Enalapril After Anthracycline Cardiotoxicity
To determine if the chronic administration of enalapril, an inhibitor of angiotensin converting enzyme (ACE), reduces progression of cardiac dysfunction in pediatric oncology patients who have received anthracyclines, and who are not currently on digoxin, diuretics, or vasodilators for heart failure.
|Study Design:||Allocation: Randomized
Primary Purpose: Treatment
|Study Start Date:||April 1994|
|Estimated Study Completion Date:||February 2001|
Pediatric oncology patients who have been treated with anthracycline therapy as a part of their chemotherapeutic regimen often subsequently develop left ventricular failure. The optimal medical management is not known. This trial will be the first to provide comprehensive data on a well characterized population regarding the role of afterload reduction using enalapril to treat ventricular dysfunction after anthracycline chemotherapy
Randomized, double-blind. Randomization was stratified by total anthracycline dose, follow-up time from treatment, and age at time of treatment. All patients received the following baseline tests: Maximal Cardiac Index (MCI) on cycle ergometry; echocardiogram/Doppler determined left ventricular end systolic wall stress (ESWS); gated nuclear angiography (GNA) to determine left ventricular ejection fraction; Holter monitoring for 24 hour ECG monitoring. Patients were randomized to either enalapril or placebo. Follow-up visits were conducted to ensure compliance and screen for side effects. MCI and ESWS were measured twice yearly, while all four tests were repeated at the conclusion of the trial, after four to five years of treatment. The primary outcome variables were the rate of decline in MCI and the rate of increase in ESWS. Secondary outcomes were the change in left ventricular ejection fraction and the incidence of arrhythmias. A second aim of the study was to develop an algorithm to determine indications for enalapril use if the study succeeded in showing a treatment effect. This required modeling the probability of cardiac dysfunction given patient characteristics at treatment, treatment type, cardiac status during treatment and at follow-up, and the development of cost effectiveness and medical decision making models testing the proposed algorithm.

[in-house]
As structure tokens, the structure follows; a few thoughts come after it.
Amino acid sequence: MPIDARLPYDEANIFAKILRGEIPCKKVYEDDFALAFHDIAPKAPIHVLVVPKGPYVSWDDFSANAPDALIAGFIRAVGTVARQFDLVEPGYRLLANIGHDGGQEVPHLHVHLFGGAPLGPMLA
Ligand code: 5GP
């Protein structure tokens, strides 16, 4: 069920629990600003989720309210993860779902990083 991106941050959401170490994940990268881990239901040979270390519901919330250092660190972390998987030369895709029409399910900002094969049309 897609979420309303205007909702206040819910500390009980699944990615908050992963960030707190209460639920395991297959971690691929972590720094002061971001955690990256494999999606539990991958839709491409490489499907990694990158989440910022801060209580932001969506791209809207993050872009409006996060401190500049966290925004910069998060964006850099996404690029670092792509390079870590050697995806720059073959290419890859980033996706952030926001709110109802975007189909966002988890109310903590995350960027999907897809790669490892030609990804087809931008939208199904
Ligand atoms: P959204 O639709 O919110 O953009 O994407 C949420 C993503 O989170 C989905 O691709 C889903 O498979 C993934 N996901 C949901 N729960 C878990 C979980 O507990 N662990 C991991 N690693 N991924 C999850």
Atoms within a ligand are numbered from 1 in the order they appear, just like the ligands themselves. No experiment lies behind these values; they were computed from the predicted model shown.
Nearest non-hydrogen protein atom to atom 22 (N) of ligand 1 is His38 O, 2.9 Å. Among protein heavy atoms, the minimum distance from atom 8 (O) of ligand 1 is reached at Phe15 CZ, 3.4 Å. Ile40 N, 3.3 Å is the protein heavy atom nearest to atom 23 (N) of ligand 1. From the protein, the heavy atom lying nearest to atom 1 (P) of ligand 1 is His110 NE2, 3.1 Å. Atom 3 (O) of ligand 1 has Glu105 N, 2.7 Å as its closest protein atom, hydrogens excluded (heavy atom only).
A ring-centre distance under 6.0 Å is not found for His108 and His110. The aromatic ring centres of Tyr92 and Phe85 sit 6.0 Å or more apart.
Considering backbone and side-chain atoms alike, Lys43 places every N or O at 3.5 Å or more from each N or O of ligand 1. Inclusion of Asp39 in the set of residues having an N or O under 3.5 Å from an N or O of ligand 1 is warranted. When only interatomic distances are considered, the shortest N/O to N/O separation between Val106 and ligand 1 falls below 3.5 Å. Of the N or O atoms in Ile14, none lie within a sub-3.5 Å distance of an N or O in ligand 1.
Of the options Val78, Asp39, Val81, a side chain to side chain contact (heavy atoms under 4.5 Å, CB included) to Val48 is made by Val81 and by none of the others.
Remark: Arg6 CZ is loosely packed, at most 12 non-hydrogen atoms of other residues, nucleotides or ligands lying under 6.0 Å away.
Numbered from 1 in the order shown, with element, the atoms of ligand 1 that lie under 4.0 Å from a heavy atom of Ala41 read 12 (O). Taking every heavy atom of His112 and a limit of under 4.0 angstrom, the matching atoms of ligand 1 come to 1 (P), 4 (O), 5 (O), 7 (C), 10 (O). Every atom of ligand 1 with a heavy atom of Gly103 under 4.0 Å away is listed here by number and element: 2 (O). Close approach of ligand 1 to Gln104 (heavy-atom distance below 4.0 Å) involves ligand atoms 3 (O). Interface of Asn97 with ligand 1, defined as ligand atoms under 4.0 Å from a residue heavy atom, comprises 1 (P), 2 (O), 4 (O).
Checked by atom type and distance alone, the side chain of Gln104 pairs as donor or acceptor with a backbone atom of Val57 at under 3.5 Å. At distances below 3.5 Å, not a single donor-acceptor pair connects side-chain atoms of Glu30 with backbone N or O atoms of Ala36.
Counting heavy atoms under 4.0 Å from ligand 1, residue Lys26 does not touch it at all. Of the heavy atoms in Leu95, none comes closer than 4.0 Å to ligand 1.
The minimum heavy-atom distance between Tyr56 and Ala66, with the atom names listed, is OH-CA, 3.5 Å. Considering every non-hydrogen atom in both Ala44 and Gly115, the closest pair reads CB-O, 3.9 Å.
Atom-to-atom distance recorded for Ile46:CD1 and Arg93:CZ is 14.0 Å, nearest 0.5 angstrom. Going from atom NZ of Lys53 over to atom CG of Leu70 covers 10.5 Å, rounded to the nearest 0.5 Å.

|Investigator:||Jeffrey Silber||Children's Hospital of Philadelphia|